Enterprises have relied on the stability and scalability of the multicast protocol for delivering live video inside the enterprise for decades. It has long proven to be an extremely efficient method of reaching large numbers of viewers with a great quality of experience (QoE) while minimizing the impact of bandwidth-intensive media on the corporate network.
The easiest way to think of multicast is to think of your cable box. When you turn on your television, the content is already streaming. When you turn to another channel the content from that channel is right there. You don’t have to wait for it to load. The content is always there, ready to watch. And that same content is available in your neighbor’s house and in the restaurant down the street.
The same is true with multicast. It’s a one-to-many protocol that simultaneously delivers a single stream of content to hundreds or thousands of viewers. For that reason, multicast is highly efficient and gives network administrators predictability over the network.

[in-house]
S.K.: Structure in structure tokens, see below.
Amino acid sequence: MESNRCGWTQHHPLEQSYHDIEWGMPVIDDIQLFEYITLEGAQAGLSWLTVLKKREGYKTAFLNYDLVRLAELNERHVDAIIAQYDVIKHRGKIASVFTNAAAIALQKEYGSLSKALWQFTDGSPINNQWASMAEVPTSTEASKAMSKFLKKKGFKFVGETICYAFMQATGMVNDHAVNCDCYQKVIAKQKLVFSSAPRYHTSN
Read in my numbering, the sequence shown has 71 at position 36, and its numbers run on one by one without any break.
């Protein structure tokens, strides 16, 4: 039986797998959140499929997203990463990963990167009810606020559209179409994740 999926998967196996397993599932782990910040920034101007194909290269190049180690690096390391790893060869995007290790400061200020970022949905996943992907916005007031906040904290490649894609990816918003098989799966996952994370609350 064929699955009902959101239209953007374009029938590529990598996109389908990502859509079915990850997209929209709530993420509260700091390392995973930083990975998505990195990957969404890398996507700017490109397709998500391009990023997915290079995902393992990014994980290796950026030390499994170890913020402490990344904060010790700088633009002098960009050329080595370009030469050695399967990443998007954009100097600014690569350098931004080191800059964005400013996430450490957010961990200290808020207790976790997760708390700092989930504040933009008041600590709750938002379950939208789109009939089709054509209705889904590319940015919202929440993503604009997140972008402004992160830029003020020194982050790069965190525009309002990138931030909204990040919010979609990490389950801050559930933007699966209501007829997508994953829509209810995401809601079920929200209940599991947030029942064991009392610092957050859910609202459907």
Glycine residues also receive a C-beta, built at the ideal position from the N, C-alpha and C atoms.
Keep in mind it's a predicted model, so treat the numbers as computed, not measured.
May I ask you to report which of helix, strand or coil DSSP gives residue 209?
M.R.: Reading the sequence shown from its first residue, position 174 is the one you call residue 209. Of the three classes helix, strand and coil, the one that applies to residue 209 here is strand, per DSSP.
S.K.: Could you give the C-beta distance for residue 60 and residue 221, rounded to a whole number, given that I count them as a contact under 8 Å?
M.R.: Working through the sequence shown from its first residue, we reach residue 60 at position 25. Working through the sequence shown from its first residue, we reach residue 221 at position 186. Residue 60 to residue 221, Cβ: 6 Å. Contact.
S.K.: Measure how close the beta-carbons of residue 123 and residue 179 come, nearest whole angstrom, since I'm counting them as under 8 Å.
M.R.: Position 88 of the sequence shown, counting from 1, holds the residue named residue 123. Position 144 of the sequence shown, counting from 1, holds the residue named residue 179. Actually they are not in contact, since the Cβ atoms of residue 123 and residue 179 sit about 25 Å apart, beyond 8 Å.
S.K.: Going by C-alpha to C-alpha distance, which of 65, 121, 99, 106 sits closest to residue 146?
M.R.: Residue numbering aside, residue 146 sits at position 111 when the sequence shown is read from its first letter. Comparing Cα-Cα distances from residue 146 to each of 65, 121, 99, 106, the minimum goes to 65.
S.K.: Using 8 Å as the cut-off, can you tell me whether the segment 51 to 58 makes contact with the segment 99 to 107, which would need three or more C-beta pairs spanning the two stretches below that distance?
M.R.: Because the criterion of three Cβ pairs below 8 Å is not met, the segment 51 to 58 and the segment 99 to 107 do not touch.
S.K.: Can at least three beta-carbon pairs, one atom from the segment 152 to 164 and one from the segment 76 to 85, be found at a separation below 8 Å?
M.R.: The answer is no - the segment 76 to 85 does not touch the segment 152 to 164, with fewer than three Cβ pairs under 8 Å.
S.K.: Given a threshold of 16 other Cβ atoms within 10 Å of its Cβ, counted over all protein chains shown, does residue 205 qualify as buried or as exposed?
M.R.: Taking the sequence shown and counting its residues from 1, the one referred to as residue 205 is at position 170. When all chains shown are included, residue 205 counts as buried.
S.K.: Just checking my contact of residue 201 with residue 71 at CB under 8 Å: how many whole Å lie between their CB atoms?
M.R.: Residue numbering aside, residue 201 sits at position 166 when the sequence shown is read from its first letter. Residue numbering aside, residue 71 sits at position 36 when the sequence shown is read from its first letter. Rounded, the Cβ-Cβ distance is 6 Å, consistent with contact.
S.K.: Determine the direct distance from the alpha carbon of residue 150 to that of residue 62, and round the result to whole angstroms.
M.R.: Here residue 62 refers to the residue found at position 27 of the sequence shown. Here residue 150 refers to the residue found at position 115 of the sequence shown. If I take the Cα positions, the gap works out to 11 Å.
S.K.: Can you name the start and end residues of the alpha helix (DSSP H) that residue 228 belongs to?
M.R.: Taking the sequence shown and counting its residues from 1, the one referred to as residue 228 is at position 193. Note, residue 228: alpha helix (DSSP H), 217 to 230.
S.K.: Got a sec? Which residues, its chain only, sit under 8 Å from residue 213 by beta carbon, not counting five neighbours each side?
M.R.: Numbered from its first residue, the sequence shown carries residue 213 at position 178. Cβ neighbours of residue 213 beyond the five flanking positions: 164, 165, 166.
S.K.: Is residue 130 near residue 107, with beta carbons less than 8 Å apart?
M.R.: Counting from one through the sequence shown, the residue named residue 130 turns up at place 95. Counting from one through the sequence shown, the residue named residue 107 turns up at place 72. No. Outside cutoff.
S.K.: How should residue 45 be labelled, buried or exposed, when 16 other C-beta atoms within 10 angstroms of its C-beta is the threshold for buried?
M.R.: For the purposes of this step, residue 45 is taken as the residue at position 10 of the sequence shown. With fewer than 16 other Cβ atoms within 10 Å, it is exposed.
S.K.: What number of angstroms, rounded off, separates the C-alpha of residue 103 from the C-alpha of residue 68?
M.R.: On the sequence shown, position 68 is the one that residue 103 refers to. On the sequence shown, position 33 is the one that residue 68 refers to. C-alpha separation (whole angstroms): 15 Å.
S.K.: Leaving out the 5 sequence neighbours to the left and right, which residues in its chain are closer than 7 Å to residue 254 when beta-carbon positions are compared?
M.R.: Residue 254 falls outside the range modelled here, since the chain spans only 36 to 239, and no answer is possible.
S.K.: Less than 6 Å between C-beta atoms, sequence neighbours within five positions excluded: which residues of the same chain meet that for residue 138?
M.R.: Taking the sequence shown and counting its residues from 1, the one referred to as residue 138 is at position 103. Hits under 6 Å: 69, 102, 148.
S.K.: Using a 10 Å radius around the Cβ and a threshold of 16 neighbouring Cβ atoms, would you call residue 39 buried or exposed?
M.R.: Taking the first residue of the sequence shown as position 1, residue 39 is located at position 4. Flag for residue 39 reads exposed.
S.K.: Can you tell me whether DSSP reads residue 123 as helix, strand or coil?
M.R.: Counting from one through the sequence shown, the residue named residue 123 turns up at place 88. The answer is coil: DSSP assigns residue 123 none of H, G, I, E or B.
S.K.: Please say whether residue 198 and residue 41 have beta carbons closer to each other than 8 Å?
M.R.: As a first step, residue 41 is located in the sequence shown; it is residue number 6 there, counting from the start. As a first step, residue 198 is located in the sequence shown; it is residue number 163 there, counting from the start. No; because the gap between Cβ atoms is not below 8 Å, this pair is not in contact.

Let’s look at an example. Let’s say you have a high definition stream with a couple of audio channels and maybe closed captioning, etc. That’s roughly two megabits per second being delivered over the network. If you have 500 people at an enterprise location and they all pull that video without multicast, you have 500 times the two megabits per second coming across the WAN, a recipe for congestion. But, if you send that video out over multicast, no matter whether you have one person watching or 500,000 people watching, it’s still just two megabits per second on the network.
From the IBM webinar Optimizing Video on Corporate Networks